27 :: Knowing node.js

Some months ago, I heard a couple of my more tech savvy colleagues espouse the virtues of node.js.  I asked them what it was and all I can remember about the answer was it had the word websocket in it. So I went to the node.js website to learn more and read the elevator pitch:

Node.js is a platform built on Chrome’s JavaScript runtime for easily building fast, scalable network applications. Node.js uses an event-driven, non-blocking I/O model that makes it lightweight and efficient, perfect for data-intensive real-time applications that run across distributed devices.

So that didn’t help me much for me. And so node.js remained a mystery to me until recently when I was able to ask a developer at the Allied Media Conference DiscoTech lab why he and others use node.js.

He said that, as a web developer who works in JavaScript, node.js allows him to plug into a JavaScript backend of a noSQL database made also from JSON and JavaScript, either in the form of CouchDB orMongoDB.  So it’s not surprising he approved of my concentration on JavaScript mastery.

So, that made more sense to me.  Node.js helps those used to using JavaScript on the front-end of a web application to also use JavaScript on the back-end.

But I didn’t realize until tonight that what this meant is that you can use use node.js to run the web server that runs the front end and the backend databases.

Let’s start with the server module. Create the file server.js in the root directory of your project, and fill it with the following code:

var http = require("http");

http.createServer(function(request, response) {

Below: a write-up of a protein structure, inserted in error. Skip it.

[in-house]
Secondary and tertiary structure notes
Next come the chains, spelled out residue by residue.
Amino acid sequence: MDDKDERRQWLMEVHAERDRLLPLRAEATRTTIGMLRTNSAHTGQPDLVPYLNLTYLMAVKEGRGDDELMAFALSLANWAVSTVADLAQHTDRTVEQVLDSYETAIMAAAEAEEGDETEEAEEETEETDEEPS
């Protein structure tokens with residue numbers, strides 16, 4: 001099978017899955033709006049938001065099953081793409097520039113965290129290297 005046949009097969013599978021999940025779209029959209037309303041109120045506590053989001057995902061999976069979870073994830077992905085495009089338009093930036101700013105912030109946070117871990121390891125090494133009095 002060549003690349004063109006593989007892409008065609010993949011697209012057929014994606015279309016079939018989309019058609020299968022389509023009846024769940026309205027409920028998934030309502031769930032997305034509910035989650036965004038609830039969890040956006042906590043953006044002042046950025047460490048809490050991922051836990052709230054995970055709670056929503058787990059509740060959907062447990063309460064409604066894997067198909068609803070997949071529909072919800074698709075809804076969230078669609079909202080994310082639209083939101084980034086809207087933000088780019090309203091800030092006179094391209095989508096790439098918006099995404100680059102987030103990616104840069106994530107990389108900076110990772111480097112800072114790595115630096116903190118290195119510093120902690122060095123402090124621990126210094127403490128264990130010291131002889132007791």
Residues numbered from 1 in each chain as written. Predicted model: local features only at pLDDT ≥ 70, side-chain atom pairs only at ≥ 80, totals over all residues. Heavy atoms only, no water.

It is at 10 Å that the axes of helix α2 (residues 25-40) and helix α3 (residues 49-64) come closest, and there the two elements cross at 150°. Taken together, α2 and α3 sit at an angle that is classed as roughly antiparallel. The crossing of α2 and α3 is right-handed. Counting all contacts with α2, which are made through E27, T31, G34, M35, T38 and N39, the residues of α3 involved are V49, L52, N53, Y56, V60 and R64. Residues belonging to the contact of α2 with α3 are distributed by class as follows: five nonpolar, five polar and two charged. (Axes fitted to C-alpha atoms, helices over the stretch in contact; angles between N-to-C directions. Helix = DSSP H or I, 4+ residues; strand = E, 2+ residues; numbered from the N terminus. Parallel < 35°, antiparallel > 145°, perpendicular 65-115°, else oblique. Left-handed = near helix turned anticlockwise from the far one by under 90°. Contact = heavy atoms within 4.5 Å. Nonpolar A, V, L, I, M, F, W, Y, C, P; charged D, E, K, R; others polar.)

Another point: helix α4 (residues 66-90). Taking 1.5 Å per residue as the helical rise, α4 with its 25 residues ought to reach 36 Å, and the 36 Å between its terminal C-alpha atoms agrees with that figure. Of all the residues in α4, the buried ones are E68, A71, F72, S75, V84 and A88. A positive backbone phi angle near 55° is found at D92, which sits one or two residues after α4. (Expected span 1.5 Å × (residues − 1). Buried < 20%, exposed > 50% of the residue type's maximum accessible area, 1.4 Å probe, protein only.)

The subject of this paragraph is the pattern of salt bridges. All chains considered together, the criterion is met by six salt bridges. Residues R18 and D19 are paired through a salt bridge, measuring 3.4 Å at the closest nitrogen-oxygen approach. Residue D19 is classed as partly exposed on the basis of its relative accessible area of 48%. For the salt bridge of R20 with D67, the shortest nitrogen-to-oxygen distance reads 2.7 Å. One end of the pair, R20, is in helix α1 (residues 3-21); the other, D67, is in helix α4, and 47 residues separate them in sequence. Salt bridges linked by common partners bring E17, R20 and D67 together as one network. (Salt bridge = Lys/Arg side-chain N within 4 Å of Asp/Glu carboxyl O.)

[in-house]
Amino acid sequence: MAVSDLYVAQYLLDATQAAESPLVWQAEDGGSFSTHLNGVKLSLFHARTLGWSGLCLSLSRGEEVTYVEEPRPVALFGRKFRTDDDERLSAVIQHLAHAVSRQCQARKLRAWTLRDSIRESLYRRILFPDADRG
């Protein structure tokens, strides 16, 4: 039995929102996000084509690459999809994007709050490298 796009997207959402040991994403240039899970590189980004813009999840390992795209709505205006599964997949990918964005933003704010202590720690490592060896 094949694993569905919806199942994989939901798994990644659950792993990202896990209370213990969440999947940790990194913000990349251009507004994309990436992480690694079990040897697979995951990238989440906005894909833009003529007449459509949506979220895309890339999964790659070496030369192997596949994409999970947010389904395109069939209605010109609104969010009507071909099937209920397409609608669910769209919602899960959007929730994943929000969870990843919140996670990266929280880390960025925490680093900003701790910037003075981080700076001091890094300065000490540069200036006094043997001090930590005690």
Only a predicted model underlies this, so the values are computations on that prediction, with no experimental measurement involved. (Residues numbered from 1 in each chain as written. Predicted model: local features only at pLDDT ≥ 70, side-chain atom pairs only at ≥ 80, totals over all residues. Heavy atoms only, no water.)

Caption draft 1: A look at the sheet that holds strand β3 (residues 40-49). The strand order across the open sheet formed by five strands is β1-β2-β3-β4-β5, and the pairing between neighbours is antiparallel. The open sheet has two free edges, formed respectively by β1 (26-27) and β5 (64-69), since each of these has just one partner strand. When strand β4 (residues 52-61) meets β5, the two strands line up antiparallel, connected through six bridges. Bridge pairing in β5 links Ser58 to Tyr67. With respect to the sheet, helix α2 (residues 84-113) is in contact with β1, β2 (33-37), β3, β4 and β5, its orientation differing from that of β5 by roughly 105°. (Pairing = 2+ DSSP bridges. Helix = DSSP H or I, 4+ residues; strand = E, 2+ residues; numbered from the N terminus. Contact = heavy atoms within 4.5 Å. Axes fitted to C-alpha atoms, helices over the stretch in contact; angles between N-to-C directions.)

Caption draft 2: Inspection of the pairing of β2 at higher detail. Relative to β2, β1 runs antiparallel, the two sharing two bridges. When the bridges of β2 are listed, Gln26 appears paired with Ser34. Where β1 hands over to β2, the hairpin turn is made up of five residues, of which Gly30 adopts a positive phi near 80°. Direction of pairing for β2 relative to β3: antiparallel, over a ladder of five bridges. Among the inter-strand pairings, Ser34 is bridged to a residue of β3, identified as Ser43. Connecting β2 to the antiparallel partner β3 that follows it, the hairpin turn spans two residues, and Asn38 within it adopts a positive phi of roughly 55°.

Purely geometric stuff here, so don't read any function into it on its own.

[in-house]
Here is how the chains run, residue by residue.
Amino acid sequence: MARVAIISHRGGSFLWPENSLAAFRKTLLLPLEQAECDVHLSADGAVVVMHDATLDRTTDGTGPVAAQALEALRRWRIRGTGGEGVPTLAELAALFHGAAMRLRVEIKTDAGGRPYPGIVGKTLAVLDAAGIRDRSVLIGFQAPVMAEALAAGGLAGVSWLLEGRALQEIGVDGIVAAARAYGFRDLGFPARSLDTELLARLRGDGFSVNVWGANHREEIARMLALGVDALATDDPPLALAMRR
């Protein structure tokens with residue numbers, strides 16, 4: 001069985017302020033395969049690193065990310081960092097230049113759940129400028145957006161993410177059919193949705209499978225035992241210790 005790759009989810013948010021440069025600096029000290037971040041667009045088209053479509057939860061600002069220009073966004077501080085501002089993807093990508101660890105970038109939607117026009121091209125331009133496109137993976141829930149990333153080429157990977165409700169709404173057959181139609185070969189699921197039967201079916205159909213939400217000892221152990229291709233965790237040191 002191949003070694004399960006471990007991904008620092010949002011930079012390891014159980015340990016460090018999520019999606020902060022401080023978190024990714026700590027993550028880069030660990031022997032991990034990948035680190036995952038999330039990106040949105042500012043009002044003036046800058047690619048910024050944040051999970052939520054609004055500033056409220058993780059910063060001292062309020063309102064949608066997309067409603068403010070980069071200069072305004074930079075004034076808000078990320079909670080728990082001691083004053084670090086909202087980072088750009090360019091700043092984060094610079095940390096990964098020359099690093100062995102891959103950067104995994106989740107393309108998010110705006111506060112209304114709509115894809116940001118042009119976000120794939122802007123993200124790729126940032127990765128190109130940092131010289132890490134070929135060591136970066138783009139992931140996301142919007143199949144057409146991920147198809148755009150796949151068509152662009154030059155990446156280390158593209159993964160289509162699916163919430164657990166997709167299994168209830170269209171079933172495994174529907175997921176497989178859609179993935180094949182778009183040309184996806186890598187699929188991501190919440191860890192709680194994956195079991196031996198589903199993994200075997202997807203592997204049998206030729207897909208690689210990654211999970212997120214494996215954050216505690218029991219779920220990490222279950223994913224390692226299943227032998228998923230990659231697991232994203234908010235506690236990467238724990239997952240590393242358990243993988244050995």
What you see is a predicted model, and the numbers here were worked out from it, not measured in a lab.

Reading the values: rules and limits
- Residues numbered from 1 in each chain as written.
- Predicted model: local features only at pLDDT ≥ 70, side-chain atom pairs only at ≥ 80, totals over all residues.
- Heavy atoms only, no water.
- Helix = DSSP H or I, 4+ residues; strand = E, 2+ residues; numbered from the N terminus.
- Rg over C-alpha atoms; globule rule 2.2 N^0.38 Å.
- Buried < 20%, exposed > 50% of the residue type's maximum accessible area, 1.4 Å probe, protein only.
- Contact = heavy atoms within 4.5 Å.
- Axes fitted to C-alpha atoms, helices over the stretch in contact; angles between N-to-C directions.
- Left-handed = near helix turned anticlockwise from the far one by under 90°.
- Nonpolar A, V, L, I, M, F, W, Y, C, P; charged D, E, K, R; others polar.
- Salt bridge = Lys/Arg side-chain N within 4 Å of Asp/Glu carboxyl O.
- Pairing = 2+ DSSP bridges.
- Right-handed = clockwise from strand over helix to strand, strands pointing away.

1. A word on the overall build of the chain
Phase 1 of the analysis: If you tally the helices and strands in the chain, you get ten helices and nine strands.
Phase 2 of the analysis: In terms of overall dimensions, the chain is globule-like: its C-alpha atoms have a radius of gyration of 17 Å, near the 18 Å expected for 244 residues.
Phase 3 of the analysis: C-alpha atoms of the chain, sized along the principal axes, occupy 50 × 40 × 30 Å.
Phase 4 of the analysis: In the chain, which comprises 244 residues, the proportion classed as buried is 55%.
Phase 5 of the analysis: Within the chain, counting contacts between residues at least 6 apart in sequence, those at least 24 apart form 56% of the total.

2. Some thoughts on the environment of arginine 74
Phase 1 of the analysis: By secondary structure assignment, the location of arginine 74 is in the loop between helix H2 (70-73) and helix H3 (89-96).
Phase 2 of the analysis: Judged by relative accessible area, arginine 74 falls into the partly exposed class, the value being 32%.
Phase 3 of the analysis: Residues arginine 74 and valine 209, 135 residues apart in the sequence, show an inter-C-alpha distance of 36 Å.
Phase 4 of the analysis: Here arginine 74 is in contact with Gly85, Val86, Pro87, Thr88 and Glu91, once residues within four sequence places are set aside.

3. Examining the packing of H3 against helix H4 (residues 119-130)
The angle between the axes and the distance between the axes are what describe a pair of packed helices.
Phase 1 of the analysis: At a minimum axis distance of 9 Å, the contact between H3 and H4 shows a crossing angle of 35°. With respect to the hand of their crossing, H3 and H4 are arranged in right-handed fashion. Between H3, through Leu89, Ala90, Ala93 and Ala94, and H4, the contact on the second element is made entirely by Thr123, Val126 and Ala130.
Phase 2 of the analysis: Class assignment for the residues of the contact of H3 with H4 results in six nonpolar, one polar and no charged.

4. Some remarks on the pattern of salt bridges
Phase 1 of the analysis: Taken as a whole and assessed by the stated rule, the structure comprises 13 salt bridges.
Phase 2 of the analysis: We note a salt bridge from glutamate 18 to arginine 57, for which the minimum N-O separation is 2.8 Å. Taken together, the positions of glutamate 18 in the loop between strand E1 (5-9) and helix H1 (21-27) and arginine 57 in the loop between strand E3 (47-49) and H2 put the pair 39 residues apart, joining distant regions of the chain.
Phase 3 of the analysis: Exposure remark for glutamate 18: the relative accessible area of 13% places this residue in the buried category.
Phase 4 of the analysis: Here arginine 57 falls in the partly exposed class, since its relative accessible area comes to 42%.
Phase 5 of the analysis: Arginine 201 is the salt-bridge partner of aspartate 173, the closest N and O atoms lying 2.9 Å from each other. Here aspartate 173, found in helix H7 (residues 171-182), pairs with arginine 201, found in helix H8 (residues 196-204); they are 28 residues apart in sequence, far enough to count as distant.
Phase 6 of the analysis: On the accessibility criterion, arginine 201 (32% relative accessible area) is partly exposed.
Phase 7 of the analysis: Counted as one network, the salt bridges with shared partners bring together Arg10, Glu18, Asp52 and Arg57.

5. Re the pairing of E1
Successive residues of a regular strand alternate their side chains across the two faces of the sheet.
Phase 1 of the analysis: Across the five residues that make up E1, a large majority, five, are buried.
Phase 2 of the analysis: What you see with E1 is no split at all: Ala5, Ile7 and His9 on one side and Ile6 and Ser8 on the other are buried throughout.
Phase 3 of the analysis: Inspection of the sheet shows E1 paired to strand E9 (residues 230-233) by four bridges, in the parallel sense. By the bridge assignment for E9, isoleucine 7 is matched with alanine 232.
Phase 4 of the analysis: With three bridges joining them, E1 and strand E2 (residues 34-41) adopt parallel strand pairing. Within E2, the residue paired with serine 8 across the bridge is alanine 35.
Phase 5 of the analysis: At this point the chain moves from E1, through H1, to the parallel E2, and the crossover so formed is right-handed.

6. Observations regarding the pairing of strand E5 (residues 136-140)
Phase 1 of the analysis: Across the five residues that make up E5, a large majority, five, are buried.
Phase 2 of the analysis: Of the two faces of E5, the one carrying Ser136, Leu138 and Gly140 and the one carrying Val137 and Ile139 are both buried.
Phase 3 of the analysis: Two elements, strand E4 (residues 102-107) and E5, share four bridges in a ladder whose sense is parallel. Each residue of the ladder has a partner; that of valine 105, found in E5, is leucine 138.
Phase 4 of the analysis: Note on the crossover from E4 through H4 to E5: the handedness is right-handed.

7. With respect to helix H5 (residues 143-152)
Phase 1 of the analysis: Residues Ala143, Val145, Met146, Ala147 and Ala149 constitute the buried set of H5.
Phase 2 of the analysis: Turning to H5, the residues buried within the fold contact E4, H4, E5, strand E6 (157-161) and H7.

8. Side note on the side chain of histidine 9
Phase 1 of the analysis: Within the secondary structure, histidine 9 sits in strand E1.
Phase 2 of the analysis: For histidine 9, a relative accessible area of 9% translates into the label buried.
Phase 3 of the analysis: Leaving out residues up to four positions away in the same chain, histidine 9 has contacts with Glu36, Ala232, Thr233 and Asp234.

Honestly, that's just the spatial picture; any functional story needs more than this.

response.writeHead(200, {"Content-Type": "text/plain"});
  response.write("Hello World");

That’s it! You just wrote a working HTTP server. Let’s prove it by running and testing it. First, execute your script with Node.js:

node server.js

Now, open your browser and point it at http://localhost:8888/. This should display a web page that says “Hello World”.

The above is an excerpt from the free ebook version of The Node Beginner Book by Manuel Kiessling which he describes as a ‘novice to advanced novice’ book. And it is and I really appreciate it because as a novice trying to make to ‘advanced novice’, I will tell you that the space between beginner and expect is an oddly desolate place.

Works like Kiessling’s are very useful because they make the connection why a particular concept (in this case, the anonymous functions of JavaScript) comes in so handy when doing useful (like asynchronous database fetches). I’d been previously introduced to the idea of anonymous v.s. named functions before but none of the tutorials really ever bothered to explain why the differences made any difference.

Yes, I am one of those people that need to be told why something is worth learning or I won’t even try to remember it.

I’m also finding that I appreciate opinionated style guides when it comes to coding, like this one for node.  There are some guidebooks on JavaScript patterns that I’m hoping to check out soon.

Now, I haven’t gone about actually downloading and working with node.js on my (ubuntu) laptop yet or on a AWS SDK since I really don’t have a use-case that I want to work towards yet. According to this page – Convincing the boss – using node.js for a single page AJAX heavy app is a good reason to use it – among other possibilities that are less likely for me to take on – along with some strong words of warning not to use the technology just for nerd-cred alone.

Which is fair enough. But if I have enough node.js understanding down just to know that anonymous functions in JavaScript are worth the time to appreciate, well that just might be enough to be useful to me.

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